This is the ‘business’ side of the show According To Whim and all its business off shoots. Pretty much a gathering place for forward motion of our grand plan.
That’s the description of our private newsgroup. Nathan may have written it just because it asked for a description of the group, but I want you to look at the last six words: forward motion of our grand plan.
That is what we tried to concentrate on in 2010, but without defining it as such. All told, we did pretty well, but we lost momentum somewhere along the way. I’m sure we can agree that one contributing factor was our inability to hold each other accountable. This year, accountability should really be job #1.
We’ve talked about accountability, and how it’s hard to keep someone accountable without punishing them in some way, which is probably not going to help the “forward motion of our grand plan.” So what’s the answer to this problem? Strangely, it lies within the person being held accountable.
When Nathan says to Chris, “How are you coming along with your writing?” Chris needs to be realistic about his response, and not dodgy. Is the writing current? If so, then good. If not, then why? Is there enough time to do it all? If not, then how to fix the issue. And if so, then why is he not using it wisely. One of the trickiest things about changing your time management habits is to realize that you really can’t do it all. So when you start thinking about a new project while the old projects are still in the works, the question should be is the project you’re thinking about taking on really important enough to change your priorities around, or is it a distraction from your real priorities?
When Chris asks Nathan about his financial goals for the year, Nathan also has to be realistic about his response, and not dodgy. One of the trickiest things about financial goals is realizing that spending habits have to change. It’s also realizing that the extra money you pay out to deplete your debt will eventually come back to you when you are paying less interest each month. So when you start to ask yourself if you can really afford to pay down credit cards at such an alarming rate, the question should really be do I not want to let go of the money because I’m seriously having trouble paying my bills, or is it because of an unwillingness to cut back in the luxury category?
What I mean to say, is that accountability starts with the self. Having an accountability partner is merely a way to remind yourself that you do have goals that you wish to achieve. Your partner can’t help you if you are filling your own thoughts with bullshit excuses.
A good goal does not lean toward impossible to achieve, but a good goal also forces you a little bit out of your comfort zone. “Comfort zone” is one of those phrases that makes Nathan cringe when I use it. I think it’s because it is hard to think of “comfort” as a bad thing. Humans are creatures of habit, and when we start a bad habit, we still become comfortable with it. It may be harming us in the long term, but we’re comfortable with it. It’s who we are. We sometimes even define ourselves by it. We sometimes even go so far as to ask others to accept us as we are, when we don’t even accept ourselves as we are. Chris has become too comfortable in his role as the guy who will one day be hugely successful, but is just working on it now. Nathan has become comfortable as that guy who is just in debt because, well, everybody is, it’s just a fact of life, and I like having stuff. Neither of these things is good for them long term, but bad habits can make you comfortable.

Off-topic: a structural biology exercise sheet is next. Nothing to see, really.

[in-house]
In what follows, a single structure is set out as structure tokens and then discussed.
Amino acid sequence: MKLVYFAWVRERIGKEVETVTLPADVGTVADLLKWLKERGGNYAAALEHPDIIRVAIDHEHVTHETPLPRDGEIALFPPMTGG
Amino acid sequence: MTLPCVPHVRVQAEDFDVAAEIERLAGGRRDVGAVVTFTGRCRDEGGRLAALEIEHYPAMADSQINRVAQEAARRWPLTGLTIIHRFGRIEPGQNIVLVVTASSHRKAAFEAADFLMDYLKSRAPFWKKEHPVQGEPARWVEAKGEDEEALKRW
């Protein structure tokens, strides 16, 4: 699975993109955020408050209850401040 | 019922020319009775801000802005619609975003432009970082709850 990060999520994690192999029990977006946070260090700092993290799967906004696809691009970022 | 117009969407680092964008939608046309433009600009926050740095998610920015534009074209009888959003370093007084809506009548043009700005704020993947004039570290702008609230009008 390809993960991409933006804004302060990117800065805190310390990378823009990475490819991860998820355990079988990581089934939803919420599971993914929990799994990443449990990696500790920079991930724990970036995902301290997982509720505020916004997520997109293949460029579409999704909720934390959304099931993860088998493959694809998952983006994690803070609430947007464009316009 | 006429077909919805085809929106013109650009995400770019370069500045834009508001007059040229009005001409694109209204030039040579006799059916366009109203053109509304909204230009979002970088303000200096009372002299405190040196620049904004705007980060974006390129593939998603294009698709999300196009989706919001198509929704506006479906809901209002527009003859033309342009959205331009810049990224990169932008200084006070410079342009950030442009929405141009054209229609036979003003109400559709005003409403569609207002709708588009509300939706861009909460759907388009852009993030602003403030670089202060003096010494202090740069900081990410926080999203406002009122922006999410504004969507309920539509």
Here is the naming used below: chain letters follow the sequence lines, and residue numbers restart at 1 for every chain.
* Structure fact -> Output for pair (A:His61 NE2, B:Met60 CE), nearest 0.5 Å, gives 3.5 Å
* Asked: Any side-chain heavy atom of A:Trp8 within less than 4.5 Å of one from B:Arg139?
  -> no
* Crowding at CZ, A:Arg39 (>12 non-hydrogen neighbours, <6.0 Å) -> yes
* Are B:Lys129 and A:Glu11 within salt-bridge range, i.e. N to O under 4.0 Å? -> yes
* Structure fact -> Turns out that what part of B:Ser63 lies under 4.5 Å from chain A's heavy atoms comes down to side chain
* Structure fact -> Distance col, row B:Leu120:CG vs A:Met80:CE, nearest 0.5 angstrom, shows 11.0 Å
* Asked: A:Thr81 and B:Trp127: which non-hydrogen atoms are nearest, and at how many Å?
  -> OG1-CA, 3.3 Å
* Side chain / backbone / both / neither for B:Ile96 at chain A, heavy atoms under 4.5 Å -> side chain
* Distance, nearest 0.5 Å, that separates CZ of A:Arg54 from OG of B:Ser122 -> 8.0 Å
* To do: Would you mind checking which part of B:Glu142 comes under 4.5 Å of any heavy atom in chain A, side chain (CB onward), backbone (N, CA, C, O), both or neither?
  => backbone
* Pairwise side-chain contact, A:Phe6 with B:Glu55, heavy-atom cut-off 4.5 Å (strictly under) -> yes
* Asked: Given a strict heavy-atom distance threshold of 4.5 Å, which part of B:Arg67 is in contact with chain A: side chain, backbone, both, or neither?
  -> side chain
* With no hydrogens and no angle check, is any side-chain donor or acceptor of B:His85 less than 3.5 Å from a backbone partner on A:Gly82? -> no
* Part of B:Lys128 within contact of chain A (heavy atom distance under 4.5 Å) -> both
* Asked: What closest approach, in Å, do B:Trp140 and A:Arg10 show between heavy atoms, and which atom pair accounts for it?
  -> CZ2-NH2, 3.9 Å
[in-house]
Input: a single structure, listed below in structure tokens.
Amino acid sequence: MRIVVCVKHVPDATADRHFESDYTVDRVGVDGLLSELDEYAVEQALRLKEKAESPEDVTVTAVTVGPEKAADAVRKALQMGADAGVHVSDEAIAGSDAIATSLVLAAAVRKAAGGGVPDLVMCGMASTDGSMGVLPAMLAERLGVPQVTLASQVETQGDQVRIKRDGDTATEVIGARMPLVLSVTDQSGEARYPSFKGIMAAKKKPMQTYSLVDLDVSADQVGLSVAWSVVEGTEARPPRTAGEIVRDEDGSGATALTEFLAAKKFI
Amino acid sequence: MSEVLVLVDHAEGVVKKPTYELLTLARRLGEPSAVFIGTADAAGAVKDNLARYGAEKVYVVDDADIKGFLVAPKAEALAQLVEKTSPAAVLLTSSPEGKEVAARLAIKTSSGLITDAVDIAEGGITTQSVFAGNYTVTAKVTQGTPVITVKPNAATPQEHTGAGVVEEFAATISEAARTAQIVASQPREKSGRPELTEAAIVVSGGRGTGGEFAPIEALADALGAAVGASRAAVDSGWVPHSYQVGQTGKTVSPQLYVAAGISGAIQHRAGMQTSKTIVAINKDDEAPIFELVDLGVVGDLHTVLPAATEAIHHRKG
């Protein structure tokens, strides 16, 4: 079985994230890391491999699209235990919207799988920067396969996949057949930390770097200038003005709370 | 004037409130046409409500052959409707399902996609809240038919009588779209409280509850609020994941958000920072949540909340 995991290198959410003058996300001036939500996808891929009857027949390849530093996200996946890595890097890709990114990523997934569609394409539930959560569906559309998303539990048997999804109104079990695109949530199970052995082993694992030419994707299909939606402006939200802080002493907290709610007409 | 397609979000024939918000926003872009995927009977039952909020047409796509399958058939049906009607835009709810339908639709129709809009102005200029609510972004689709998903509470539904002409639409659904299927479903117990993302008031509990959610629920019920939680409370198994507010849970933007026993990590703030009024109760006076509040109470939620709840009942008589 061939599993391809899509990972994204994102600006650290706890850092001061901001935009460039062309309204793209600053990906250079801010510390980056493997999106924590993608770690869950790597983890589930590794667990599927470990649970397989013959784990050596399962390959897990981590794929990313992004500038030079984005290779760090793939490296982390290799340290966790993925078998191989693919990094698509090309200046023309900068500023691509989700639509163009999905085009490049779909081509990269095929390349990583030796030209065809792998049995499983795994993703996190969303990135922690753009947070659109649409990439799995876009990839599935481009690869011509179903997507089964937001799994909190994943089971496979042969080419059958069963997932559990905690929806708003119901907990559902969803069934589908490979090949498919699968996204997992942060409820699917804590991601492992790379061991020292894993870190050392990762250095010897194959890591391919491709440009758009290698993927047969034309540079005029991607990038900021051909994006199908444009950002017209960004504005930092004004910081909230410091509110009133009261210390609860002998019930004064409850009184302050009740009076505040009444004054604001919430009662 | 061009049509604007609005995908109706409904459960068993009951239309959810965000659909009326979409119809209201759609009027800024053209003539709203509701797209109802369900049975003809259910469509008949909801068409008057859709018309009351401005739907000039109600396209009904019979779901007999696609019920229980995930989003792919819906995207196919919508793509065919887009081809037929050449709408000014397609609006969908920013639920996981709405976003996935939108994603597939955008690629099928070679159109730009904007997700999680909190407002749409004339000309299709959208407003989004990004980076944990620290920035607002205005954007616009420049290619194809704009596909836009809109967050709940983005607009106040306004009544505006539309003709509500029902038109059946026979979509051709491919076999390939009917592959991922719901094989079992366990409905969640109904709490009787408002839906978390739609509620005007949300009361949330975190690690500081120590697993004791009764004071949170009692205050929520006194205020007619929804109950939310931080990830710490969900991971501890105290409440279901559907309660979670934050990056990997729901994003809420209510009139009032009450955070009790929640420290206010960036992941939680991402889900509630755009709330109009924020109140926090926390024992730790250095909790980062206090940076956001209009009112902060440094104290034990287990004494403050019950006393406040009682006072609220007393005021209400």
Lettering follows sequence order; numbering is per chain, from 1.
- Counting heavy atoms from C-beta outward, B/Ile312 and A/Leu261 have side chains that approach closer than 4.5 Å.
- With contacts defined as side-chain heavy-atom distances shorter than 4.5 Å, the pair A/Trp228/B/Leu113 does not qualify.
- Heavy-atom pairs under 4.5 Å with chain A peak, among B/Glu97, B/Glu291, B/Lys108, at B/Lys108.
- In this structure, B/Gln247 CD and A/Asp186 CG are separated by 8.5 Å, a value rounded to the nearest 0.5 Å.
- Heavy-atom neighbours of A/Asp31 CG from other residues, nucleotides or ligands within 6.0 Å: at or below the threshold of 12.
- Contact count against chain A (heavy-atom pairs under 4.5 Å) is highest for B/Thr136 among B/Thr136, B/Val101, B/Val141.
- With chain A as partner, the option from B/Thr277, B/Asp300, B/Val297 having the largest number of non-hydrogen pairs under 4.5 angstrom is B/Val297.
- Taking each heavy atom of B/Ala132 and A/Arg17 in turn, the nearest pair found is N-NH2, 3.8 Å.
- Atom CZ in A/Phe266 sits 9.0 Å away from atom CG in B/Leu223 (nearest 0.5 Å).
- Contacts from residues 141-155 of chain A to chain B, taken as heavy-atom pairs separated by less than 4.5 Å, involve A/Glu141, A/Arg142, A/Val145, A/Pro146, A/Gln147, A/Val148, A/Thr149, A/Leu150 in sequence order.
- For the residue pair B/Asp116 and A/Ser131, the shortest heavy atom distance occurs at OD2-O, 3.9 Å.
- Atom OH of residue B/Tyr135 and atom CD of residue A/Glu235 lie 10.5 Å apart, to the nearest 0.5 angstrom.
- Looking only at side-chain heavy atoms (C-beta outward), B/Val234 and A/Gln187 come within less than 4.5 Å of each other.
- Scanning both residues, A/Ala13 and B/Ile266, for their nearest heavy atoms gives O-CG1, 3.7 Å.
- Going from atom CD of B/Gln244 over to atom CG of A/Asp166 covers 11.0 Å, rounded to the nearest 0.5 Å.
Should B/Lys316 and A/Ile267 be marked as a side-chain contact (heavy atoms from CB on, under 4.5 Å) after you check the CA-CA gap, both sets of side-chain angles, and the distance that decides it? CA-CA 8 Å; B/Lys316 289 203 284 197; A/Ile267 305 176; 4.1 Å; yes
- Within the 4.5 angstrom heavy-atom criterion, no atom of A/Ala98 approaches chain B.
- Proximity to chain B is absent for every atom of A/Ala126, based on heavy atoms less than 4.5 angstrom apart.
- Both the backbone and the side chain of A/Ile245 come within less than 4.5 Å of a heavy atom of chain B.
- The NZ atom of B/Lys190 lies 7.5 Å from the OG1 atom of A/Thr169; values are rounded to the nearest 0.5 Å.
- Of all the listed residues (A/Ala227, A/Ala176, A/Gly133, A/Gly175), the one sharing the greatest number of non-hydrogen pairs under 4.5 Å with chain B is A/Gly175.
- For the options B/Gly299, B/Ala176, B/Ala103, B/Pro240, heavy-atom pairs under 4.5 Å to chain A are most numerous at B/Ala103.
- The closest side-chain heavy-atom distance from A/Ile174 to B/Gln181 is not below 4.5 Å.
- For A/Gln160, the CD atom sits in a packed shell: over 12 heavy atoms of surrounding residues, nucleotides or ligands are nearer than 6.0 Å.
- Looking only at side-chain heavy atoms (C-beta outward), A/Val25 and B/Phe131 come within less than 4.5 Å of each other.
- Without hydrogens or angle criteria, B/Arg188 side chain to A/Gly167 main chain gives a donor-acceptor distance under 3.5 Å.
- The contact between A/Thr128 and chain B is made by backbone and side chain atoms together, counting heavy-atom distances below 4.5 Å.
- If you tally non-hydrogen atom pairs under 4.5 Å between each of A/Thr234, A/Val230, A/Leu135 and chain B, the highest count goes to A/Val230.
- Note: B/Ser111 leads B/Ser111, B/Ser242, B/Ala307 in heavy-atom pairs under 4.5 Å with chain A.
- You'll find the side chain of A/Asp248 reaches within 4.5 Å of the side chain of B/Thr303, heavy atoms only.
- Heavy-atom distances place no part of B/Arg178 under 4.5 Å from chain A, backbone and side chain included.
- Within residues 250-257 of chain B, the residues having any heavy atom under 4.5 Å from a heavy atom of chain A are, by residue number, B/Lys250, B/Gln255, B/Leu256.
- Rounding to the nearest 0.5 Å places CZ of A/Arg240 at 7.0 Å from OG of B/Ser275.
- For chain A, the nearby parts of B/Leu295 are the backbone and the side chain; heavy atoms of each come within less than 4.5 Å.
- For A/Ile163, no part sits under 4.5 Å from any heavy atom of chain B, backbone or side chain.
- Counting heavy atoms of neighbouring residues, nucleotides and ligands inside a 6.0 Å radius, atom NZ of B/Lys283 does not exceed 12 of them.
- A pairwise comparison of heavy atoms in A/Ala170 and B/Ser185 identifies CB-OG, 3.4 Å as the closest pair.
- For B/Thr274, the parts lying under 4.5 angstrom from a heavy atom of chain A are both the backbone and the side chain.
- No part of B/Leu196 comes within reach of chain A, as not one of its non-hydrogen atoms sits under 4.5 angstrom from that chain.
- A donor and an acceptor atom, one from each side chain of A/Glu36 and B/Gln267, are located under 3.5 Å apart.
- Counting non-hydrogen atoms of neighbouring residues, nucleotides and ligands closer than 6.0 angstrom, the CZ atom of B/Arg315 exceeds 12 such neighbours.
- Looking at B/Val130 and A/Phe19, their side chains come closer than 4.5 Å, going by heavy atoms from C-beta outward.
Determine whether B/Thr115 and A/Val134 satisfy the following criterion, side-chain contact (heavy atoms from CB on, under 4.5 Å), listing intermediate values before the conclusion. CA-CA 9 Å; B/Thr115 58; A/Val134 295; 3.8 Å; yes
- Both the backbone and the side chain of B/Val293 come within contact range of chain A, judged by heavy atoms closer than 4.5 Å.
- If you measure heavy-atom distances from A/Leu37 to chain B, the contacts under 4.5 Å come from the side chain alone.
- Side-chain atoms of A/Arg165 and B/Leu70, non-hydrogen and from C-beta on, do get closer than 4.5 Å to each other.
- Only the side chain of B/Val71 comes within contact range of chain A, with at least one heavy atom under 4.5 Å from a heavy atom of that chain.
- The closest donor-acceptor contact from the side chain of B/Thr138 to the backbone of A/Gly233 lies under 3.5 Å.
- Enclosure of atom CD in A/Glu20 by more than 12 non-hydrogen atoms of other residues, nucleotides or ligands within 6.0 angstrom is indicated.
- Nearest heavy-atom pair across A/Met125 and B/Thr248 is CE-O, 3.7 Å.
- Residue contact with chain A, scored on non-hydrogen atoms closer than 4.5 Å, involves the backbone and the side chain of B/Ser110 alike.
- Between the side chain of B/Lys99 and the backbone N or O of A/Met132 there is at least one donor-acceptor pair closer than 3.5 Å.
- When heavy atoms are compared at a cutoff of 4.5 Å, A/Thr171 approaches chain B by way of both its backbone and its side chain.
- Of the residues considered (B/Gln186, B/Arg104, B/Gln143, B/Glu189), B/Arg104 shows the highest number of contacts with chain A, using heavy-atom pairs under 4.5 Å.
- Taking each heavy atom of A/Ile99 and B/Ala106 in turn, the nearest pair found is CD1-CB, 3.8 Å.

In a blog post I wrote about self publishing, I pointed out that as a society, we are starting to move away from the act of getting a second job and moving toward starting a part time business from home. While I think this is a good concept, I fear that many people who enter that arena don’t do so with an end goal of making that much money. It’s supplemental, because if I can make more working for myself, then why am I still working a job? The truth is that when you have the entrepreneurial spirit, you will always be trying to move in that direction and you will always have a grand plan. It will sometimes be a hobby, sometimes a business, and sometimes both, but the plan will always be there. I think sometimes we fight it, because we feel like when we’ve achieved what we’ve set out to achieve, we will no longer have anything to achieve. I think sometimes we fight it, because we realize that once we’ve achieved what we’ve set out to achieve that it will create even more for us to do. Whether we achieve it or not, we will always have a plan, so why fight against it?
Tomorrow da big day. The start of the first ten-weeks of the year (because our ten-weeks always start on Monday). Forward motion of our grand plan. We should not let our doubts and excuses get to us. And when our accountability partner asks you wut’s up, we should be realistic about wut is up.